Does Transformational Servant Leadership Work in the Corporate Setting?
There have been a lot of leadership fads. Some of them just die away without even getting enough attention to take off. Yet, every now and then, we come across some interesting concepts and ideas that could revolutionize leadership in the workplace. Two such trends in contemporary times are transformational leadership and servant leadership.
On the one hand, transformational leadership is an approach that seeks to create positive change in the minds and habits of followers or subordinates. In transforming himself and those who follow him, the leader then is able to create an organization that fosters helping each other, encouraging one another and looking out for the welfare of the whole organization. The transformational leader is concerned in the motivation, morale and performance of the individuals who make up the organization.
Similarly, servant leadership focuses on the leader as the servant and not the big boss who should be served. This is actually a radical thinking that was coined by Greenleaf. The concept has been there all along but it only gained traction and widespread support in beginning in the 1960s. Since then servant leadership had amassed support from authors and writers such as Stephen Covey, M. Scott Peck and Peter M. Senge among others.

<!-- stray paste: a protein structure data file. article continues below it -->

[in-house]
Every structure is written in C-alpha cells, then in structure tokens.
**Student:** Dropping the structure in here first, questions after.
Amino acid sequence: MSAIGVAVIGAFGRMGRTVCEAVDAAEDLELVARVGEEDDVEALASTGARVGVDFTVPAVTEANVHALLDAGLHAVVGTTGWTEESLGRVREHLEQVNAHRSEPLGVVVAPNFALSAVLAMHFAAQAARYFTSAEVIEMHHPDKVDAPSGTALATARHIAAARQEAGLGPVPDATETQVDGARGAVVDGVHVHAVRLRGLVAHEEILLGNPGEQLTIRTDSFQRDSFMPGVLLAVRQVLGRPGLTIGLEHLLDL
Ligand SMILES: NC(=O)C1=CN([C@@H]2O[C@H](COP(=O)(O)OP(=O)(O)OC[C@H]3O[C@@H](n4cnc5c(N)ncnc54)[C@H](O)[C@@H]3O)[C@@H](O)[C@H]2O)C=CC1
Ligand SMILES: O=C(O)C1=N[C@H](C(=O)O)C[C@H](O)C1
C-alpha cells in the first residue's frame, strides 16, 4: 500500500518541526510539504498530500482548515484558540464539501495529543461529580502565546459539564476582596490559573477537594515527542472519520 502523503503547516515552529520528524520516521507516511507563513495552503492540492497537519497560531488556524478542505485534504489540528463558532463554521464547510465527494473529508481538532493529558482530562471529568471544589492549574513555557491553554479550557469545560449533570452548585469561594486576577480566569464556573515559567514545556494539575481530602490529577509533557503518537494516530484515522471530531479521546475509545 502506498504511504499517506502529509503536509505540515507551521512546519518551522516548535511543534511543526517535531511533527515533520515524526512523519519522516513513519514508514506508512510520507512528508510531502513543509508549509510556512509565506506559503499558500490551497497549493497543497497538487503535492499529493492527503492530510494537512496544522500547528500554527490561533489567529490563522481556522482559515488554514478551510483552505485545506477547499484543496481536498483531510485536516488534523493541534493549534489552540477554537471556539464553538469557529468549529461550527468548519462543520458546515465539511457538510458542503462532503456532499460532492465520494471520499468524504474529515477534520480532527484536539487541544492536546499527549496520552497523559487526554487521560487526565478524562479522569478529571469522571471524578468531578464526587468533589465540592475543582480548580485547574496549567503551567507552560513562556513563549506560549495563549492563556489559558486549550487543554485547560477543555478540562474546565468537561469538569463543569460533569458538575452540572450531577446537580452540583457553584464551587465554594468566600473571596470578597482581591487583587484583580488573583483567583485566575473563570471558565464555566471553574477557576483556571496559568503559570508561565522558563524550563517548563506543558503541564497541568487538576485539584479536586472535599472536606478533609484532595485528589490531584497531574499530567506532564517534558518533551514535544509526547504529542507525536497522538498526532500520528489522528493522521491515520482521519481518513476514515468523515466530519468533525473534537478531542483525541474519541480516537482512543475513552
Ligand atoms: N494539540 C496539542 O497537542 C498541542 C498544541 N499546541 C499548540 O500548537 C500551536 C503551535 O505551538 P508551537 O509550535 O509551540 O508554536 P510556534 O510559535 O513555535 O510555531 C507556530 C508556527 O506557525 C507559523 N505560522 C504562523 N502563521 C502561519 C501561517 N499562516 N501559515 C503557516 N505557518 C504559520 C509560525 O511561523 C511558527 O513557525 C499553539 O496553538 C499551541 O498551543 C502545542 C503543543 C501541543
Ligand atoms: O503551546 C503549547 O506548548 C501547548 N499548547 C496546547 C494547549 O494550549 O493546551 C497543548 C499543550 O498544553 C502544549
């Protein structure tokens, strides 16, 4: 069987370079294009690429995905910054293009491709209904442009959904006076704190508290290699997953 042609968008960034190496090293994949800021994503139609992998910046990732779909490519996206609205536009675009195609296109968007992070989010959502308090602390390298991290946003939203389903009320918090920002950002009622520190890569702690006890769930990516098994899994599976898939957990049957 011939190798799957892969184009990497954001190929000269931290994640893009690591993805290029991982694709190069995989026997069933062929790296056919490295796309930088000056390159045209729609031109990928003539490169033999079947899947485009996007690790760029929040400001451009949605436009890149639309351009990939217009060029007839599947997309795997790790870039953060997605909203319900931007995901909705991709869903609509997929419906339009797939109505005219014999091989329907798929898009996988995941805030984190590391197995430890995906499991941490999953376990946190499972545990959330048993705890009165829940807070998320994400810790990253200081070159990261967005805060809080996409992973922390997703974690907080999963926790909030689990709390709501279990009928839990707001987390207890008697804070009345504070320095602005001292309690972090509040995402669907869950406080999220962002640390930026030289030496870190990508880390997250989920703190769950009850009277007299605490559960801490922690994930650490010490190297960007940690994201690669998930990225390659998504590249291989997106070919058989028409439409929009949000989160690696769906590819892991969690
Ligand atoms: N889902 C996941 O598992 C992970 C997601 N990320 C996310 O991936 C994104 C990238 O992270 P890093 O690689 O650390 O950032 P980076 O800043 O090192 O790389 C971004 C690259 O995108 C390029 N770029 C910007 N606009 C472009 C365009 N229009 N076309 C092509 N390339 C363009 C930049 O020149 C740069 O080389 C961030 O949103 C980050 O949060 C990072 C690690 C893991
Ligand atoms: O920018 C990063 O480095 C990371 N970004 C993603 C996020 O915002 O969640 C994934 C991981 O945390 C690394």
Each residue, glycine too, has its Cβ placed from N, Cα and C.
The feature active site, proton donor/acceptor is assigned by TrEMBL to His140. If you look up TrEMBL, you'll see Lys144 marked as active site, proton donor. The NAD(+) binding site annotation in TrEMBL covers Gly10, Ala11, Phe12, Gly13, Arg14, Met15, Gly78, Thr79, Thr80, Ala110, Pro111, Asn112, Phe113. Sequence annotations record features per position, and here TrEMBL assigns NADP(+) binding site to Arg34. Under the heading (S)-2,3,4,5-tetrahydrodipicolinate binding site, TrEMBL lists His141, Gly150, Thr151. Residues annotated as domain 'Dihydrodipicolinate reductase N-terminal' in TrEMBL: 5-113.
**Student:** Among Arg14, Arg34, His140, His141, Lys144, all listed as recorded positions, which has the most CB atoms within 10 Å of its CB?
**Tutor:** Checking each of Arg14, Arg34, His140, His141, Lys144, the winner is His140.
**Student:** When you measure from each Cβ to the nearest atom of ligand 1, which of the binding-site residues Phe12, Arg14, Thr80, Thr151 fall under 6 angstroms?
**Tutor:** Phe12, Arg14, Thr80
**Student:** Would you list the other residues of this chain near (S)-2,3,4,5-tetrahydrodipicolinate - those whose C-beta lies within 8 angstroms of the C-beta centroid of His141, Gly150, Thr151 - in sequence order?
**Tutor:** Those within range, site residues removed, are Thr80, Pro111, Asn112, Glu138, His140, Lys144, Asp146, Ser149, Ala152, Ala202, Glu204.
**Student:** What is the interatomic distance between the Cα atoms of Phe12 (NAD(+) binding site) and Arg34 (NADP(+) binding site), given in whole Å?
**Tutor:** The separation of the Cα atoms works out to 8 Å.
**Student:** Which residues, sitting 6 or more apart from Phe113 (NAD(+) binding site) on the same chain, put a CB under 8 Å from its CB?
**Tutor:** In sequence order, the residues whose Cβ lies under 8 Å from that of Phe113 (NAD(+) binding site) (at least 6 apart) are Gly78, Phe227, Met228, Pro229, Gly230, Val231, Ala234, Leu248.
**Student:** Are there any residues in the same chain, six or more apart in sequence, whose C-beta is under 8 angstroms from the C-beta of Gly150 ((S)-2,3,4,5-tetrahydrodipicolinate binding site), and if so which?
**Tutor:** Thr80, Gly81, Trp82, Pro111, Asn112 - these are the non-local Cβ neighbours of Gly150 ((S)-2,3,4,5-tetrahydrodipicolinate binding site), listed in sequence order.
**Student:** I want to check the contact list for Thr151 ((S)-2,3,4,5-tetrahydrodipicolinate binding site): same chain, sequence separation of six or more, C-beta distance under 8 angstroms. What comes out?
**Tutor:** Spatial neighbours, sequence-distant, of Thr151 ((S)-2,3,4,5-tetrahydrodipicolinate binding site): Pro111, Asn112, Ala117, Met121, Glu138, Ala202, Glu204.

What if you bring the two kinds of leadership style together, what would happen? It becomes a hybrid of transformational servant leadership. There comes with it a shift of perspective and approach in leadership. The leader is a servant first, but he has a definite agenda in mind. He serves to transform!
In serving, the leader is able to shift the focus away from profits, performance and other related matters in the organization. Instead, the leader manages to create a service and others-first oriented atmosphere within the organization. This would then lead to a transformation in the thinking of the followers. The motivation is shifted. The followers’ morale is lifted and performance is enhanced in the process.
But the big question is, will this work in the corporate setting?
The answer is not so straightforward. While being the servant, the leader who chooses to use this hybrid style should also be mindful of results, performance indicators and the overall health and situation of the organization. This way, the leader does not only enjoy being the servant but he also becomes an effective and astute manager.
This hybrid style of leadership could also breed a different kind of comfort zone, which might be difficult to break from. If this approach is no longer working, the leader should have the guts and the courage to make important changes. Otherwise, the organization will suffer.